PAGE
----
The Guardians of the Cedars issued the following communiqué:

On the heels of the Maronite Synod comes the Catholic Synod to again wade in political matters abuzz with many of the same misconceptions.

We will stay clear of church matters because they are internal and concern the Church alone, and we fully respect all the decisions of the Synod in organizing the church and raising its visibility so it can continue to carry its highest spiritual message to the people.

We also value all the recommendations the Synod took in the social context of “calling for strengthening the institutions that care for the poor and the sick, and for mobilizing all resources to combat poverty and offer a wider array of social services to the needy through both short- and long-term programs in which both the laity and the clergy contribute…”.

We are also gratified for the objective nature of these recommendations, first because they translate words into action and call for creating realistic projects aimed at social work that includes the largest possible number of church members and society. Second, because these recommendations come at a time of terrifying living conditions in which the Lebanese live under the threat of poverty to the point where some are seen sifting through garbage bins, under the cover of darkness, looking for discarded food. This is a scene that Lebanon has not witnessed since the infamous famine of the last years of the Ottoman occupation during World War I.

Sadly, however, the political recommendations of the Synod are generally disappointing, except perhaps for the specific item of “ the commitment of the Church to the causes of justice, peace, development, co-existence, solidarity between peoples and the interaction between religions and cultures…”

First, the Synod identified the Church as having an Arab identity instead of its Near-Eastern identity, given that the Church in principle does not have a political identity, but rather has a universal and spiritual identity that is not bound by time or place.

Second, the statement that “We wish that Lebanon recovers the Shebaa Farms so it can enjoy tranquility and prosperity…” , as if merely recovering these Farms will guarantee peace of mind and prosperity!! We know that the people of the border zone in South Lebanon remain nostalgic of the Israeli occupation to this day, and that the whole world, including the UN, refused to acknowledge Lebanon’s rights to the Farms and certified that they are in fact located outside the Blue Line. It is clear to everyone that the issue of the Shebaa Farms is one big lie fabricated by the Syrian regime in order to keep South Lebanon aflame at war with Israel for the purpose of linking the fate of the Golan with that of the Farms, and the Lebanese track with the Syrian track.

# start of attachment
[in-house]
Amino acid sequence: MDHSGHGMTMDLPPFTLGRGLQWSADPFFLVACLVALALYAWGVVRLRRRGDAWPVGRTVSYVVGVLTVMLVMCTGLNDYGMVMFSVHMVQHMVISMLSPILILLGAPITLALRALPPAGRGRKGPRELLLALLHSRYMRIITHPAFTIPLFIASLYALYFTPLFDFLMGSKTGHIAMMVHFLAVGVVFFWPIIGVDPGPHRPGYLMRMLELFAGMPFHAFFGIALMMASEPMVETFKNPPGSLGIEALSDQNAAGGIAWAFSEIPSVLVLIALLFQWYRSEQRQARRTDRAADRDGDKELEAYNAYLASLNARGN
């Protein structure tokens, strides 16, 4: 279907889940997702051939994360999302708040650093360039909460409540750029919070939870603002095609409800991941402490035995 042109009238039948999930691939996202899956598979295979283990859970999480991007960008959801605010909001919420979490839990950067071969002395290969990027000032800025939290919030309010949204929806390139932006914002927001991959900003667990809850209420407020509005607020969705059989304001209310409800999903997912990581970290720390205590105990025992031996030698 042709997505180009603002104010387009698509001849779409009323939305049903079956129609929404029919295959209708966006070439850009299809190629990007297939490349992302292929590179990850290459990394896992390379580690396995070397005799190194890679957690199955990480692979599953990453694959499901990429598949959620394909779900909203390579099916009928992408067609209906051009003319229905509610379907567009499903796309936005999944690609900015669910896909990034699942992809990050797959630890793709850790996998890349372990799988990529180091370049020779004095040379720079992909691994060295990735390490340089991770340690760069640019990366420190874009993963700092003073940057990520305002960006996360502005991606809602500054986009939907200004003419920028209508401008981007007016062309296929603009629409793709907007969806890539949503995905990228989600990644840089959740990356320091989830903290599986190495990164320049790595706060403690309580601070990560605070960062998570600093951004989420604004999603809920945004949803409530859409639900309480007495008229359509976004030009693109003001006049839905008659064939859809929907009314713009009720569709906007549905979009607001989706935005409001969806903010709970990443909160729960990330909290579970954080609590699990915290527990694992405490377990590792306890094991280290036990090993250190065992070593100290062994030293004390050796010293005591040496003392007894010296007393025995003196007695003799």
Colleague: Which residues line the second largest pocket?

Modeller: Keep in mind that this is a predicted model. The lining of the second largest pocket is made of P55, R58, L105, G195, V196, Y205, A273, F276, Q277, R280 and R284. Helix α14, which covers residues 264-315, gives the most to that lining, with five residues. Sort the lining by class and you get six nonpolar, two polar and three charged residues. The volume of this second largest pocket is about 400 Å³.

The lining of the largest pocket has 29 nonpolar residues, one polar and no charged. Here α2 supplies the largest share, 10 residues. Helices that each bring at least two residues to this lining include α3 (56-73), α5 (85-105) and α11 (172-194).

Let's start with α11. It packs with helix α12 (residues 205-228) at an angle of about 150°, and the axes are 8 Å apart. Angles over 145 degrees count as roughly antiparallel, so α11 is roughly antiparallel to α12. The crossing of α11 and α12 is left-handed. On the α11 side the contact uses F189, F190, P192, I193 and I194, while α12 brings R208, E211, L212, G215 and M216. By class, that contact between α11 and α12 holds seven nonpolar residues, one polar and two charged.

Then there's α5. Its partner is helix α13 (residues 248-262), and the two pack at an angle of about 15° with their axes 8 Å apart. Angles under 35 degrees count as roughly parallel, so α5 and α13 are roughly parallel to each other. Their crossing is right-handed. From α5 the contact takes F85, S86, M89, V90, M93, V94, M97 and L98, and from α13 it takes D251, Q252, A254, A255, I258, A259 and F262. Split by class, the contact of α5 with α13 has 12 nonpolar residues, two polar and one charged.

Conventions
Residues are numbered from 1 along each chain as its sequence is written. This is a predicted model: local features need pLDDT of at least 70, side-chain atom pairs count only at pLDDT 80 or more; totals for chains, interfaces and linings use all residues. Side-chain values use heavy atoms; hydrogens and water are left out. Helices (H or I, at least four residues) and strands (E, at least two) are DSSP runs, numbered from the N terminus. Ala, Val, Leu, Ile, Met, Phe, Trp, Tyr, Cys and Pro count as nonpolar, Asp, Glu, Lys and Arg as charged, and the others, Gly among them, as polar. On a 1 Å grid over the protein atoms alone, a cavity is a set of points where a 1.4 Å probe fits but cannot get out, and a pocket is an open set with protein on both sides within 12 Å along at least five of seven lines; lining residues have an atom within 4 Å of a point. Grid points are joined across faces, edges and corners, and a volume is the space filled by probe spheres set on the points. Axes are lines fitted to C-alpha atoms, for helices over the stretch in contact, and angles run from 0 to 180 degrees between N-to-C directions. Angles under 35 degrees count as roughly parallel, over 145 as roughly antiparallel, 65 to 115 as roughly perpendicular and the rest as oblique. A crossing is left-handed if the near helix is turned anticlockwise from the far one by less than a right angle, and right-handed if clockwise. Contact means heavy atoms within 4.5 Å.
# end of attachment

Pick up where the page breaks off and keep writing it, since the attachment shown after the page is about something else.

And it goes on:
Third, the Synod called on the Great Powers to “bring about a just and comprehensive peace in the Holy Land so that the Palestinian people can exercise their full rights in an independent state with its capital Jerusalem…” without not a single word about the Lebanese people reeling under the yoke of occupation and deprived of an independent state and of their most basic human rights. The Synod has forgotten or chosen to ignore that the Palestinians were the first people to attack Lebanon and try to destroy it after it sheltered them, and continues to do so, for 50 years. Which begs the question: Why is everyone so reluctant to condemn the Syrian occupation ? Why is everyone so careful not to mention it, even in veiled terms? Why all this catering to the Syrian regime and the denial of the cause of Lebanon, as if it has become a forgotten and orphan cause??

It is becoming increasingly obvious by the day that the solution is in separating Church from State. The principle of secularizing the Lebanese state, which we put on the table since the founding of the party, remains the best remedy for lifting Lebanon from its slumber so it can resume its civilizational mission in line with Western democracies who secularized long time ago. In the least, we should follow the example of Turkey which was liberated from the claws of the religious order and the clergy by Mustafa Kemal Ataturk. In lightning speed, Turkish society was converted from the “Sick Man of Europe” to “Young Turkey”…May Lebanon follow suit.

Lebanon, at your service,

Abu Arz,

July 4, 2003.

 

 

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